I wrote this article a couple of weeks ago after pitching Postach.io for the NVBC business competition, a local event in BC, Canada with a top prize of $100k.

I purchased two Macbook adapters, brought three cords, backed up my presentation to USB, and made sure to bring a WIFI hotspot on my phone for my big pitch on Friday morning. This was it, after 6 months of writing business plans and cash-flow projects, this was the final pitch in BC’s annual New Ventures competition.

Heart pounding while thirteen local technocrats conversed with one another, patient while I plugged in, hooked up, and prepared to start rambling, err, pitching. It would be my first 15 minute presentation. My longest before had been only 5.

Aside from the racing pulse that caused my lungs to tighten to a strangling squeeze, I started off strong. I wanted to tug on heartstrings, make a personal connection. This is my story, this business is the culmination of my life’s experience and visions for the future.

If anybody can tell me how to speak with passion when you’re being strangled by nerves, I’m all ears.

Once I started to loosen up I felt things moving along better. A few chuckles, some eye contact, a smile here, a nod there. Ok, I’m getting through, I think they’re getting it.

Then all at once, I was on my last slide, summarizing what I had said. Did I say it with enough enthusiasm?

A few thoughts

The question answer period after my pitch was unexpected. Firstly, it's scary that the judges only asked a few questions. I was expecting a longer question and answer period. Perhaps it was because I was the last one in the way before lunch, or maybe my presentation included all the answers (doubtful). The fear is that it wasn’t interesting enough to solicit deep questioning.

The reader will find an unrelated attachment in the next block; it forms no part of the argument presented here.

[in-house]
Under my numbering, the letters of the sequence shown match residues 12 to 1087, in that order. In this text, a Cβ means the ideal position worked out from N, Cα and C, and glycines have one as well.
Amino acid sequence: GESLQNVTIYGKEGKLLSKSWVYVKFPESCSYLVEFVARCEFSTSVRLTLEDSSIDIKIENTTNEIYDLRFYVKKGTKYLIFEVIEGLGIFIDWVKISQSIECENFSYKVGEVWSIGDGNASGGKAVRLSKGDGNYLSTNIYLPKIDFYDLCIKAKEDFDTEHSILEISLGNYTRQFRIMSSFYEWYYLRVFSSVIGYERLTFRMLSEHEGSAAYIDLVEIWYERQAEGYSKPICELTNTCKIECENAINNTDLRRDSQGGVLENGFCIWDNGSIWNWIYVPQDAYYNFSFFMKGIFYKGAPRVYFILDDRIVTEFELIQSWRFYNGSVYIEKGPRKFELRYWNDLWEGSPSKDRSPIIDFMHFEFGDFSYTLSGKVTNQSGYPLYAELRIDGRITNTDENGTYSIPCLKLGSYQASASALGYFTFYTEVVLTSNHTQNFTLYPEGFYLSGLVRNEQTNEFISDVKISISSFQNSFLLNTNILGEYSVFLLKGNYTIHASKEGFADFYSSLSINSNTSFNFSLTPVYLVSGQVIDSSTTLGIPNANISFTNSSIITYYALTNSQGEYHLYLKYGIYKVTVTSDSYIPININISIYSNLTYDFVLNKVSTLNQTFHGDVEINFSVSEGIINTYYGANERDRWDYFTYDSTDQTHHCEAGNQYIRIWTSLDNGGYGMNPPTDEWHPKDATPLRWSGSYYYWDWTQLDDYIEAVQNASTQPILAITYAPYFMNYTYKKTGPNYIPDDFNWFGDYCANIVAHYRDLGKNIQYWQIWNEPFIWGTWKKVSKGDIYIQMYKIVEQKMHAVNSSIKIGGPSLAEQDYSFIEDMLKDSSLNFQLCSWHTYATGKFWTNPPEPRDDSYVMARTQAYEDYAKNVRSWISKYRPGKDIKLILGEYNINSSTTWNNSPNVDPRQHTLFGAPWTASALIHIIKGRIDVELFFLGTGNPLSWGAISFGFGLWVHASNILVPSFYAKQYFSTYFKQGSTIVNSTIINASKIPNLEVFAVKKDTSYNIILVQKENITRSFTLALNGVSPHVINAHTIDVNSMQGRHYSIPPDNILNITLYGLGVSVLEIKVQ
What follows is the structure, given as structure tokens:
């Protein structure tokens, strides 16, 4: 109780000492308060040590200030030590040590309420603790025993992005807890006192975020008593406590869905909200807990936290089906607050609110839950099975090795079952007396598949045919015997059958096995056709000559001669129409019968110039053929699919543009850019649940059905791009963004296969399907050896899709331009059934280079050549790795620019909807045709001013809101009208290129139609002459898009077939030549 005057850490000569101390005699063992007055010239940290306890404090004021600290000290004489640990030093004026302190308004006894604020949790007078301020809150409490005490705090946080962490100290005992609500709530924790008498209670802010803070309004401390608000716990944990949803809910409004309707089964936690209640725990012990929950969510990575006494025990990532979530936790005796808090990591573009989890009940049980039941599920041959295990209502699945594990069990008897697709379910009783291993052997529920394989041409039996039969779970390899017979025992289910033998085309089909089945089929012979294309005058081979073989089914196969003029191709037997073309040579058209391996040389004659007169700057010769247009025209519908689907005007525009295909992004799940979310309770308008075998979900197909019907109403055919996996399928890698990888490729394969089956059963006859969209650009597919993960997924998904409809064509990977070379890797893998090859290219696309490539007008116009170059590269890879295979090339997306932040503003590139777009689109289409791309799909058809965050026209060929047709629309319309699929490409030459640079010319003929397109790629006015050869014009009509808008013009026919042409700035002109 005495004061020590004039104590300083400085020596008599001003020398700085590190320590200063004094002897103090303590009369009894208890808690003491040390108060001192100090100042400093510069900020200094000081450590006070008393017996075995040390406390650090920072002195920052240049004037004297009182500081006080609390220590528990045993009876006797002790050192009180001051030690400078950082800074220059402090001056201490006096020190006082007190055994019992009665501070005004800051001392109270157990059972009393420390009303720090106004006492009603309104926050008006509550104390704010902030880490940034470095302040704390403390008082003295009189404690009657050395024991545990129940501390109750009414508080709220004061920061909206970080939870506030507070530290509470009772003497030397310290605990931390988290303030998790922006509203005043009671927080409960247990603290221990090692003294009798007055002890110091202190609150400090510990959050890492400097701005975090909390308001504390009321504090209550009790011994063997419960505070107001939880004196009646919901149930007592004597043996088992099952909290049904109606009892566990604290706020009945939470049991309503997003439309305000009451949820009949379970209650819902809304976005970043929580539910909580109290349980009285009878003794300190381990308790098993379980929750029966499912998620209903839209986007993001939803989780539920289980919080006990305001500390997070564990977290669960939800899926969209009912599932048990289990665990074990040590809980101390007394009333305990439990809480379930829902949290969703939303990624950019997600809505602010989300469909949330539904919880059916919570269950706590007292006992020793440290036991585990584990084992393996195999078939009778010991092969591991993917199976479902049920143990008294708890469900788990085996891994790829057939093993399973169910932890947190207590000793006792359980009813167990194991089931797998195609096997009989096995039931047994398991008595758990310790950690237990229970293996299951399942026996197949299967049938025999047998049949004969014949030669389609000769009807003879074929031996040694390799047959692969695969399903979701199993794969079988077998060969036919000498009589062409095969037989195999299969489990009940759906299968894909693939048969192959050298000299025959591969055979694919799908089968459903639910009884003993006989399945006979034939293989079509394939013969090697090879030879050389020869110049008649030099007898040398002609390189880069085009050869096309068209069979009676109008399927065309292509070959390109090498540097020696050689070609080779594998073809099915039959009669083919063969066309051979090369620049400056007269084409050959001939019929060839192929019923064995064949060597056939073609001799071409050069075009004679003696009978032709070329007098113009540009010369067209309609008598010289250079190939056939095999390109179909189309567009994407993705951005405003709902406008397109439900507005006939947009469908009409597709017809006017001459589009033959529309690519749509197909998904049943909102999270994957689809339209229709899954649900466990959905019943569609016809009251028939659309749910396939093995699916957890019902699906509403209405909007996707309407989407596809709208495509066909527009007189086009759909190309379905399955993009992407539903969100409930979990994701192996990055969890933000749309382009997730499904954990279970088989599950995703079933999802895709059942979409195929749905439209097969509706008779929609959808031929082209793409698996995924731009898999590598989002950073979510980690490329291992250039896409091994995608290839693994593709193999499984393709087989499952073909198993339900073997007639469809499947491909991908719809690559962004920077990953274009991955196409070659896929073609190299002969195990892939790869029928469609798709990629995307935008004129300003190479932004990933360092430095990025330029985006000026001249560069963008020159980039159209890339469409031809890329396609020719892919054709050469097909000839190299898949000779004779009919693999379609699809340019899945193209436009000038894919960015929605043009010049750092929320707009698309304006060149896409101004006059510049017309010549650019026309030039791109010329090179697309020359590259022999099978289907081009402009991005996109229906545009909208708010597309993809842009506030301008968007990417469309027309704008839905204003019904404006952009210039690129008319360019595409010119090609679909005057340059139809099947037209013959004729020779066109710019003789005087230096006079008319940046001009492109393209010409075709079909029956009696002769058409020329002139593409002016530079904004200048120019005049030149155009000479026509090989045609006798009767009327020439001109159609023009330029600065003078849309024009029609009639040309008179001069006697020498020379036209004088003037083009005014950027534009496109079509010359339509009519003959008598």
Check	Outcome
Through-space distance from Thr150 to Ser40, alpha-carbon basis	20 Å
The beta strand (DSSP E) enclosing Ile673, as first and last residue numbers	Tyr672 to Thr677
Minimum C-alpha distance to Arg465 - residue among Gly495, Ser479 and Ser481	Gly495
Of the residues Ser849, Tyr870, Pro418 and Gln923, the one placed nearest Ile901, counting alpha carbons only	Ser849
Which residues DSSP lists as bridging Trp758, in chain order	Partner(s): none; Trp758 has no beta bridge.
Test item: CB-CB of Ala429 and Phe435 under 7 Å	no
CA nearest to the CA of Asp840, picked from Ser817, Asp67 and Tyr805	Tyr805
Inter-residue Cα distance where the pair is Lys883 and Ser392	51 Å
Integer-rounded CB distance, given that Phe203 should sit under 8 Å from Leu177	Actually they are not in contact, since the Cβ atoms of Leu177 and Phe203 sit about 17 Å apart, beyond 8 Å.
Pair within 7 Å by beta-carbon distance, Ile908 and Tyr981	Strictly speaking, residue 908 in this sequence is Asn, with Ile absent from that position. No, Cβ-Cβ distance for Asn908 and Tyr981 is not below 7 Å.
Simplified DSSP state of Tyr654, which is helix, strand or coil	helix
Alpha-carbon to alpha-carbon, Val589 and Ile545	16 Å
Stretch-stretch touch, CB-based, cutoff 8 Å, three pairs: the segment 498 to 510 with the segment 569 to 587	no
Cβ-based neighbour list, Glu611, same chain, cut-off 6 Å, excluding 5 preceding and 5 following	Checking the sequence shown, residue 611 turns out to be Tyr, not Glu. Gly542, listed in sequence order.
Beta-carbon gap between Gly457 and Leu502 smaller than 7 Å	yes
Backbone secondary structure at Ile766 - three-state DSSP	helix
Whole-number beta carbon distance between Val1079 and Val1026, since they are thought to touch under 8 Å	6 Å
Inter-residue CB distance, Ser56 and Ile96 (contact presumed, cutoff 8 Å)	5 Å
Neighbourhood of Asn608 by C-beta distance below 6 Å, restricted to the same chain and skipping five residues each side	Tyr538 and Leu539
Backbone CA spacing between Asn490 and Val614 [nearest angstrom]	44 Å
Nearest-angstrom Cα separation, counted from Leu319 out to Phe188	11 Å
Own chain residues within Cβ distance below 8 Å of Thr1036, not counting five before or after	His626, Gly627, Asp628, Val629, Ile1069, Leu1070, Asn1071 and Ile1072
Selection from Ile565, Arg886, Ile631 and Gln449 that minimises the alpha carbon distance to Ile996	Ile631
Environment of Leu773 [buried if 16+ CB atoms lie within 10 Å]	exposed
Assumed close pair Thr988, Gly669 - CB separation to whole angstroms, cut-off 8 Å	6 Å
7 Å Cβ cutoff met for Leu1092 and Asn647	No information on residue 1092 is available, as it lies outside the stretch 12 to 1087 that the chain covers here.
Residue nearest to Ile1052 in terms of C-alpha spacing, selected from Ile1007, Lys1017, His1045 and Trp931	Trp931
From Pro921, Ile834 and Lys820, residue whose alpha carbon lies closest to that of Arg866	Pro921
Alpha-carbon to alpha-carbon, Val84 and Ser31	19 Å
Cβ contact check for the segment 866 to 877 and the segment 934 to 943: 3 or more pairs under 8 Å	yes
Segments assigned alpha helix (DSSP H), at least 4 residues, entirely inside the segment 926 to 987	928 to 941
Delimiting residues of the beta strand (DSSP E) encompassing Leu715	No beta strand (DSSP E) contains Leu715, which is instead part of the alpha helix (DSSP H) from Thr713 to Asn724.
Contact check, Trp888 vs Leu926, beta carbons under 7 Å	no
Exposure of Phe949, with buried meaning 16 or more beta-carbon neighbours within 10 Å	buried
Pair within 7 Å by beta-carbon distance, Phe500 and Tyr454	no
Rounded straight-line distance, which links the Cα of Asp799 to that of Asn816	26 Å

Second, there were a couple of questions I didn’t have the answers to.

1) What is your viral co-efficient?

Damn, I knew somebody was going to ask this, why hadn’t we been tracking referrals? So much code to write. Bugs before metrics. "Sorry, we’re not tracking that yet. We’ve been really focused on connecting our product to more sources and working on partnerships, and haven’t implemented all the tracking we’d like to."

A silent room, strike one.

A few more questions and I rolled through the answers with ease. I’ve got this, I know this. I’m living this thing.

Then another question dropped.

2) What are the conversion rates for each customer segment? Does one perform better than the others?

Another, “Sorry we’re not tracking that yet." Incriminating glances from around the room. Sure, this guys speaks well, but he’s pretty unprepared on the metrics side.

Improvements

I’ve thought a lot in the last 24 hours about how I could have answered better. Like a loop in my head my mind has recreate the scenario and inserted randomly generated alternate scenes. I think I’ve settled on my favourites.

What I should have said instead was something like…

We haven’t yet rolled out campaigns to each customer segment, we’ve just uncovered them through our customer development at this point. We plan on rolling landing pages and tracking each segment in detail in the coming months. What we do know is that our landing page converts at 27% across the board through all segments. It’s phenomenal compared to previous apps we’ve built and we’re really excited to dig a bit deeper.

I’d like to draw a parallel to improv comedy here. People say, never say “no", always keep the conversation moving forward. This is difficult when you’re nervous. My heart was racing... In a room full of wildly successful people, who’ve made it to where they are partly because of their discerning nature, it’s easy to let your heart race and freeze up.

When you say, “I’m sorry, we’re not tracking that metric." the room falls silent, you stammer to pick up the rhythm again of conversation.

What I’m trying to say is even when you don’t have the answer… say something like… "we’re not tracking ____ yet, but what we do know is ____." to keep the conversation moving. Just keep the conversation moving.

This post was written in Dropbox and publishing automatically using Postach.io.